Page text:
In a showdown with the Justice Department, the wireless communications industry voted yesterday to reject government-backed technology that would make it possible for law enforcement agencies to keep closer tabs on cellular telephone users.
The Justice Department contends that the government has the right to use powerful new surveillance technology under a 1994 law to bring law-enforcement techniques into the modern era.
Among other abilities, the Justice Department wants to be able for the first time to determine the location of a cellular phone caller within a half-second and almost instantly monitor the status of cellular-phone voice mail, conference calls and other wireless communications features.
But many industry executives and privacy-rights advocates disagree with the government's interpretation of the law. The industry says that the new cellular abilities would be too expensive to administer. Privacy groups argue that the measures the government seeks will give the FBI and other law-enforcement agencies worrisome new powers over citizens.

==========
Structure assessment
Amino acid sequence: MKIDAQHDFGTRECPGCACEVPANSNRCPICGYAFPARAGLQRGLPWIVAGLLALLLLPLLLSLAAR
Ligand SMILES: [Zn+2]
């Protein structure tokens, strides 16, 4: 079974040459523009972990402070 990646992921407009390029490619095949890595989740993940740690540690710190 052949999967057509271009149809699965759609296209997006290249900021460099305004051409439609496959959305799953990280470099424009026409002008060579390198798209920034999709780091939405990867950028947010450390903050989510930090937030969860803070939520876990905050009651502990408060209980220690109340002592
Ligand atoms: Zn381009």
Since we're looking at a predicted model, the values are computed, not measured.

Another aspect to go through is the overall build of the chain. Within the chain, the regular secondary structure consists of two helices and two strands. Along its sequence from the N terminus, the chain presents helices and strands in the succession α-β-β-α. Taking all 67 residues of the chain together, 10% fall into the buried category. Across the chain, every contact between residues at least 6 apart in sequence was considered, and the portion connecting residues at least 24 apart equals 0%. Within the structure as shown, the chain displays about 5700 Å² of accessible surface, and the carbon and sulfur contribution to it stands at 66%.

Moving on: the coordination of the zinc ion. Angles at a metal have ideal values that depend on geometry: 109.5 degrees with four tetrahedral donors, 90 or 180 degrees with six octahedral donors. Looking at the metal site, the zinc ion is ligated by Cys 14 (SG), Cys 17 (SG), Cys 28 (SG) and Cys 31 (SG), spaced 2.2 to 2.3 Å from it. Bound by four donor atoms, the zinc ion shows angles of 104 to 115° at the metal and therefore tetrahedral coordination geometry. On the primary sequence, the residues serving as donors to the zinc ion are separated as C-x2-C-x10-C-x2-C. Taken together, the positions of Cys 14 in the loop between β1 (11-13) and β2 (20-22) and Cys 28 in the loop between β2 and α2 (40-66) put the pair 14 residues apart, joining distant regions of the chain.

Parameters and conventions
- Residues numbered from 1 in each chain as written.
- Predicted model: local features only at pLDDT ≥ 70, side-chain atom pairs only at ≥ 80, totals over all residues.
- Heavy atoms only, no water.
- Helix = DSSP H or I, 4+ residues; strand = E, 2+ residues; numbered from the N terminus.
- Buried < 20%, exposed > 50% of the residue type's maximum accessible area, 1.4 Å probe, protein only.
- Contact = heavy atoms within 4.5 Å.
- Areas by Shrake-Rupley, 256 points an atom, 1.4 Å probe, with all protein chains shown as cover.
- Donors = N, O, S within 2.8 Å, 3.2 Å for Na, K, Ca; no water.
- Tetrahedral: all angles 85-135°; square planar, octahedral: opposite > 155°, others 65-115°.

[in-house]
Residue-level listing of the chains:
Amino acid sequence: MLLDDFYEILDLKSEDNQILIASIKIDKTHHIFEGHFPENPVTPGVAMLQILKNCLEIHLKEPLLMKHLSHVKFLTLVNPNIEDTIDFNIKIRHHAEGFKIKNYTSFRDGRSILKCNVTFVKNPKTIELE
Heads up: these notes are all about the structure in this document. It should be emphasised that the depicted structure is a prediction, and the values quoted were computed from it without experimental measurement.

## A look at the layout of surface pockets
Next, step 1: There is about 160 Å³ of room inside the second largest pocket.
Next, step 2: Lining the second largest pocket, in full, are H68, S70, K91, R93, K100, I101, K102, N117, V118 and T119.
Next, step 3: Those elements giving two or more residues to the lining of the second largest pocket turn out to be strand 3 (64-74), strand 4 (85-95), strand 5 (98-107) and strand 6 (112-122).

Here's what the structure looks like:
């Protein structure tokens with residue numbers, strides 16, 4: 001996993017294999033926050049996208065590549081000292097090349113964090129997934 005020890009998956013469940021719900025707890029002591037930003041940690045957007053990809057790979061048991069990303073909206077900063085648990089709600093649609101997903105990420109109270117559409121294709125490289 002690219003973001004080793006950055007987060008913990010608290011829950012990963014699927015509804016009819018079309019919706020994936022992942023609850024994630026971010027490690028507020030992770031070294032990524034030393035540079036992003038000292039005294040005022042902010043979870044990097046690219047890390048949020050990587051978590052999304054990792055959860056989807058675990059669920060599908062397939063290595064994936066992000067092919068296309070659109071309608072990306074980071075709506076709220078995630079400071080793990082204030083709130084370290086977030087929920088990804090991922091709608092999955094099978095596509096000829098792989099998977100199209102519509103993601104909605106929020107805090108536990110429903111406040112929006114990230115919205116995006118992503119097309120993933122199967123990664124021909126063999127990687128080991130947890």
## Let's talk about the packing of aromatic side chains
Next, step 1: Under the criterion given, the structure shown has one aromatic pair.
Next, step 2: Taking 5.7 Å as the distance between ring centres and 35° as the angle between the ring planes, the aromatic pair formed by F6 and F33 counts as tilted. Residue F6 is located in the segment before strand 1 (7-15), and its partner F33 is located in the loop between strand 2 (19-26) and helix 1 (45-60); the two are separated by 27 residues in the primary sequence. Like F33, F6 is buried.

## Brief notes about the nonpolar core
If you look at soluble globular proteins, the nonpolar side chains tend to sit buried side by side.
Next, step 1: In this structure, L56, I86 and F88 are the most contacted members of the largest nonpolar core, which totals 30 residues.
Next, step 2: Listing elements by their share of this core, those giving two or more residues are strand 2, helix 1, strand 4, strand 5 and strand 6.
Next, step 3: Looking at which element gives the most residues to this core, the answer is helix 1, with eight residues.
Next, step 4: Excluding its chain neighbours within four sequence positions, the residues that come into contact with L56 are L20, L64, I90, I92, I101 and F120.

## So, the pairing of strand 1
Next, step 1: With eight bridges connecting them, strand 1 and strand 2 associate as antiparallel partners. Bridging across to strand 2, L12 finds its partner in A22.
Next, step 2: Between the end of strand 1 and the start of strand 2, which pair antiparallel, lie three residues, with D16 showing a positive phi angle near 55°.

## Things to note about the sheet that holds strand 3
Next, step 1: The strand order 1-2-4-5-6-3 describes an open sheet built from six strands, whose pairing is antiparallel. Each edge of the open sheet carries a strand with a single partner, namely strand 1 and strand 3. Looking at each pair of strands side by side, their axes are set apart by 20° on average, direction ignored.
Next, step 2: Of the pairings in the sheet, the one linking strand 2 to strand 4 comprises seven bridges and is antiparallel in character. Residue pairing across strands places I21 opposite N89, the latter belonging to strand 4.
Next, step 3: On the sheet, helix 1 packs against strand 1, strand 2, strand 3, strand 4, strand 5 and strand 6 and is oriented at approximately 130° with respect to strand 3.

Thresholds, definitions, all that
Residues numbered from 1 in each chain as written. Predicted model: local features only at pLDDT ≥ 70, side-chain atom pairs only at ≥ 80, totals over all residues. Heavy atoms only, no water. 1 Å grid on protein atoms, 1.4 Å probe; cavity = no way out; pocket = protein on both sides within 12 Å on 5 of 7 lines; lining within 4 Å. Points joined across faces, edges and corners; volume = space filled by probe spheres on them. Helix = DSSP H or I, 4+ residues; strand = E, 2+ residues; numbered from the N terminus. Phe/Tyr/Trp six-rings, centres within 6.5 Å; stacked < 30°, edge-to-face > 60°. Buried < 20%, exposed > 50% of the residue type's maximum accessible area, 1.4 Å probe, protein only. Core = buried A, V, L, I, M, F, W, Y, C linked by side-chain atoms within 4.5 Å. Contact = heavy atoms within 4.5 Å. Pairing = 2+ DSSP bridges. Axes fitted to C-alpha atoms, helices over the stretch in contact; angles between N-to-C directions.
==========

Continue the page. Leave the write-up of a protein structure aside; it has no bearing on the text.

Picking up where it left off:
"The FBI looks at the law and chooses to see more than is actually there in terms of its wiretap authority," said Thomas E. Wheeler, president of the Cellular Telecommunications Industry, a trade organization based in Washington.
FBI officials, however, say that they are only trying to maintain their investigative skills in the face of rapidly changing technologies that offer criminals new powers for evading detection.
"In 1968 when they passed the original wiretap legislation, phones didn't move," said James K. Kallstrom, the deputy director in charge of the FBI's New York office. "The privacy people say we shouldn't have this information, but the notion that we in law enforcement should not be able to take advantage of the technology is a crazy notion."
Pub Date: 9/20/96